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Removing Photos from iPhoto

Despite iPhoto's long history, many people continue to be confused about exactly what happens when you delete a photo. There are three possibilities.

If you delete a photo from an album, book, card, calendar, or saved slideshow, the photo is merely removed from that item and remains generally available in your iPhoto library.

If, however, you delete a photo while in Events or Photos view, that act moves the photo to iPhoto's Trash. It's still available, but...

If you then empty iPhoto's Trash, all photos in it will be deleted from the iPhoto library and from your hard disk.

Visit iPhoto '08: Visual QuickStart Guide

 
 

Not Guilty: Apple Beats Beatles Trademark Dispute

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Justice Edward Mann of London's High Court today issued a ruling in favor of Apple Computer in its current trademark dispute with the Beatles' record label Apple Corps, finding Apple Computer had not breached a trademark-sharing agreement between the two companies by using its Apple logo on its iTunes digital music service.

<http://news.findlaw.com/cnn/docs/apple/ aclac50806opn.html>
<http://db.tidbits.com/article/08471>

Getting Better -- According to the 1991 agreement, Apple Computer was to have use of the trademark in the computer business, while Apple Corps would have exclusive use in the music industry. In rejecting Apple Corps' claims of infringement, Justice Mann found Apple Computer's logo in the iTunes Music Store constituted a "fair and reasonable use of the mark in conjunction with the service." It seems that in the eyes of the court, Apple's iTunes Music Store is just a new kind of shop, not a record label or music publisher. The companies' 1991 agreement (which became public only as documents submitted in the current dispute) are silent about digital music distribution, focusing solely on prohibiting Apple Computer from distributing pre-recorded music on physical media: Justice Mann found no matter how lawyers spun it, the iTunes Music Store just didn't count as physical media.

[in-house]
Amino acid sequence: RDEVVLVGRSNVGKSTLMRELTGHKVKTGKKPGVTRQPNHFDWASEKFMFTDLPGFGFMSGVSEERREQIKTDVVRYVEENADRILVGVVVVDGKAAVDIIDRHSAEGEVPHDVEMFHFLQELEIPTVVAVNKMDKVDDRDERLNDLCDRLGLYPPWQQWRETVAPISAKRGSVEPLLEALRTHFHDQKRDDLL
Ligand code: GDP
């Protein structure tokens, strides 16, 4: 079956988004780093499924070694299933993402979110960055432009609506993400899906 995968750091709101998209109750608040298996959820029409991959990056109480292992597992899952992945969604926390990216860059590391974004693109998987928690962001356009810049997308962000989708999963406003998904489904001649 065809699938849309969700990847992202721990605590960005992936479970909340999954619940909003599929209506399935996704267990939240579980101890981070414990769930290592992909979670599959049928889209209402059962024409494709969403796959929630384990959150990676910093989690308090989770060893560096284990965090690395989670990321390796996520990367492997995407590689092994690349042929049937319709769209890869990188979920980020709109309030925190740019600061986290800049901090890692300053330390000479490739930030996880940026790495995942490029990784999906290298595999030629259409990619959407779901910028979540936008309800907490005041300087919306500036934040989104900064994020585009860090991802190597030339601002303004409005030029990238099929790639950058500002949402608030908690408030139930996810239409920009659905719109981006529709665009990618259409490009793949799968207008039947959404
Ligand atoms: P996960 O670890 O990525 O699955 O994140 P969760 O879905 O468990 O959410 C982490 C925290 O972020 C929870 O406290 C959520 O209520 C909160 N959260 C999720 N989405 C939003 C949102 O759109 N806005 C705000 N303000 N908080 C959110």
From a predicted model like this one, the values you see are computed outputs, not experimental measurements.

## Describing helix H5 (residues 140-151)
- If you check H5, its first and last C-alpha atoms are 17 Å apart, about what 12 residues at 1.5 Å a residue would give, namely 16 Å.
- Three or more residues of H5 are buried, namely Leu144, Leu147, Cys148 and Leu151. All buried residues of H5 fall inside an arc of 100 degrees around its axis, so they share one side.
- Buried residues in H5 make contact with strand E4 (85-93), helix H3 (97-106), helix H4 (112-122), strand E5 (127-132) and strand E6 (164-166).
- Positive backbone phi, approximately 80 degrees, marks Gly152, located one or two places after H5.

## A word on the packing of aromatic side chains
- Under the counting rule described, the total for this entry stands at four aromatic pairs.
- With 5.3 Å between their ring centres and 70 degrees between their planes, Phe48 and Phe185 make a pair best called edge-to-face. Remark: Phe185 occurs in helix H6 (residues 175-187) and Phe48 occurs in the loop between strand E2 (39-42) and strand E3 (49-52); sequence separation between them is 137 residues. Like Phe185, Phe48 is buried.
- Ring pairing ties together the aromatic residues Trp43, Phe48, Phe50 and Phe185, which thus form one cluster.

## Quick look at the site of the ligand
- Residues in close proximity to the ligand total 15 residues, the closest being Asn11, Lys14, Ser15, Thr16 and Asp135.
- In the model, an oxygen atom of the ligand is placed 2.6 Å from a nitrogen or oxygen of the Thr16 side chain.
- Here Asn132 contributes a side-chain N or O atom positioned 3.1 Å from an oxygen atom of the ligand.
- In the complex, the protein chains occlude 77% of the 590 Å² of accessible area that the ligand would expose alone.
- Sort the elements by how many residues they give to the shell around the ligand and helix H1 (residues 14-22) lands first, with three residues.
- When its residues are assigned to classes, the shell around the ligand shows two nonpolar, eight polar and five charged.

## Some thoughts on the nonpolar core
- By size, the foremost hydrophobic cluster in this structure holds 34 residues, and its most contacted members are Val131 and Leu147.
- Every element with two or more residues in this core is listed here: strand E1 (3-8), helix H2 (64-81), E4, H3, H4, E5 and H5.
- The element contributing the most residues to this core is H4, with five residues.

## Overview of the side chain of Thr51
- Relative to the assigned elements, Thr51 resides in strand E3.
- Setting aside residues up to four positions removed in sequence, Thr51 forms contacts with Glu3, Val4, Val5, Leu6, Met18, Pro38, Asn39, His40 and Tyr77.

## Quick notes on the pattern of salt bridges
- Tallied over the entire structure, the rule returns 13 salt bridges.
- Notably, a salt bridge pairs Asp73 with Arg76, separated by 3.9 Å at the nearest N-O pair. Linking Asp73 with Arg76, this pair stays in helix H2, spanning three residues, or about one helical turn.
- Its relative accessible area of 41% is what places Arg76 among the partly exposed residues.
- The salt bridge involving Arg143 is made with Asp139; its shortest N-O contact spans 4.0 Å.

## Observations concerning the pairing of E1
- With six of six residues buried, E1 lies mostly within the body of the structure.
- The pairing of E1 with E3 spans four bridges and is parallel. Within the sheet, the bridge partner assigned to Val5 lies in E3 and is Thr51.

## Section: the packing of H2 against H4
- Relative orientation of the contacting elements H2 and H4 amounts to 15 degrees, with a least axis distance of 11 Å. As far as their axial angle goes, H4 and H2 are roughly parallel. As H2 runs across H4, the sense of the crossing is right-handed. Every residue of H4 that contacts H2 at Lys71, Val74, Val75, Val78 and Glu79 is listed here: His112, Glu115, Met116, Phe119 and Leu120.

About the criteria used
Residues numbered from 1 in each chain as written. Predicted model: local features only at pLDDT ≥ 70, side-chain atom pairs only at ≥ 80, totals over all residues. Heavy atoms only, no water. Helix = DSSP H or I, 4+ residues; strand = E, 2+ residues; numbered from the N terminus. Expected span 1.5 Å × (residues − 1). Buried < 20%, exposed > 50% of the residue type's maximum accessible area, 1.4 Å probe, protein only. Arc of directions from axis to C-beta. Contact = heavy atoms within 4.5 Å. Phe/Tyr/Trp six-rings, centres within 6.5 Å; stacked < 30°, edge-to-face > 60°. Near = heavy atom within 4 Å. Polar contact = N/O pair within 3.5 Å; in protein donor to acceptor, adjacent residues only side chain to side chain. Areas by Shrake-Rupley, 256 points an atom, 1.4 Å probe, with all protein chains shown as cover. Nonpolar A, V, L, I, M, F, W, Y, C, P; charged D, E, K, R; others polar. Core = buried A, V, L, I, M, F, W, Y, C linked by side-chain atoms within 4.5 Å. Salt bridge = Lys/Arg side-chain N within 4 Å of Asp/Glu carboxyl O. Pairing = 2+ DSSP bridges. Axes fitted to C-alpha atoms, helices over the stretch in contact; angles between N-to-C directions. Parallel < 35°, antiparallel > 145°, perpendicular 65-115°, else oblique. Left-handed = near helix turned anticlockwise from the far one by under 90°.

<http://www.hmcourts-service.gov.uk/ judgmentsfiles/j2468/apple-v-apple.htm>

Apple Corps, of course, immediately announced plans to appeal the decision, but the ruling is an unexpectedly positive outcome for the computer maker. Apple has now sold well over 1 billion songs via its online store (not to mention tens of millions of its now-iconic iPod music players) and was widely believed to be vulnerable to substantial trademark infringement damages from Apple Corps. Instead, Apple Corps now owes Apple Computer court costs, currently amounting to some 3 million British pounds. With the burden of the trademark suit largely lifted, Apple can focus on operating and expanding its iTunes offerings - and just maybe getting the Beatles recording catalog online.

Got To Get You Into My Life -- One interesting outcome of the trademark trial is that Apple Corps head Neil Aspinall submitted that Apple Corps has been remastering the Beatles' material (yet again!) and preparing to take the Beatles' music online. Currently, Beatles material is not legally available for download, and, despite admitting to in-house preparation, Apple Corps says it has not made any decisions about when or how Beatles recordings might be for sale online.

Apple Corps has apparently investigated exclusive, time-limited arrangements with online music distributors (including Microsoft) but hasn't been able to reach a deal - which probably means the Apple Corps asking price was too high for the low-margin digital download business. Now that Apple Corps can't reasonably expect a fiscal windfall from Apple Computer, they may be more motivated to take the Beatles into the Internet age - and, without a doubt, Apple Computer would love to bring the Beatles into iTunes.

 

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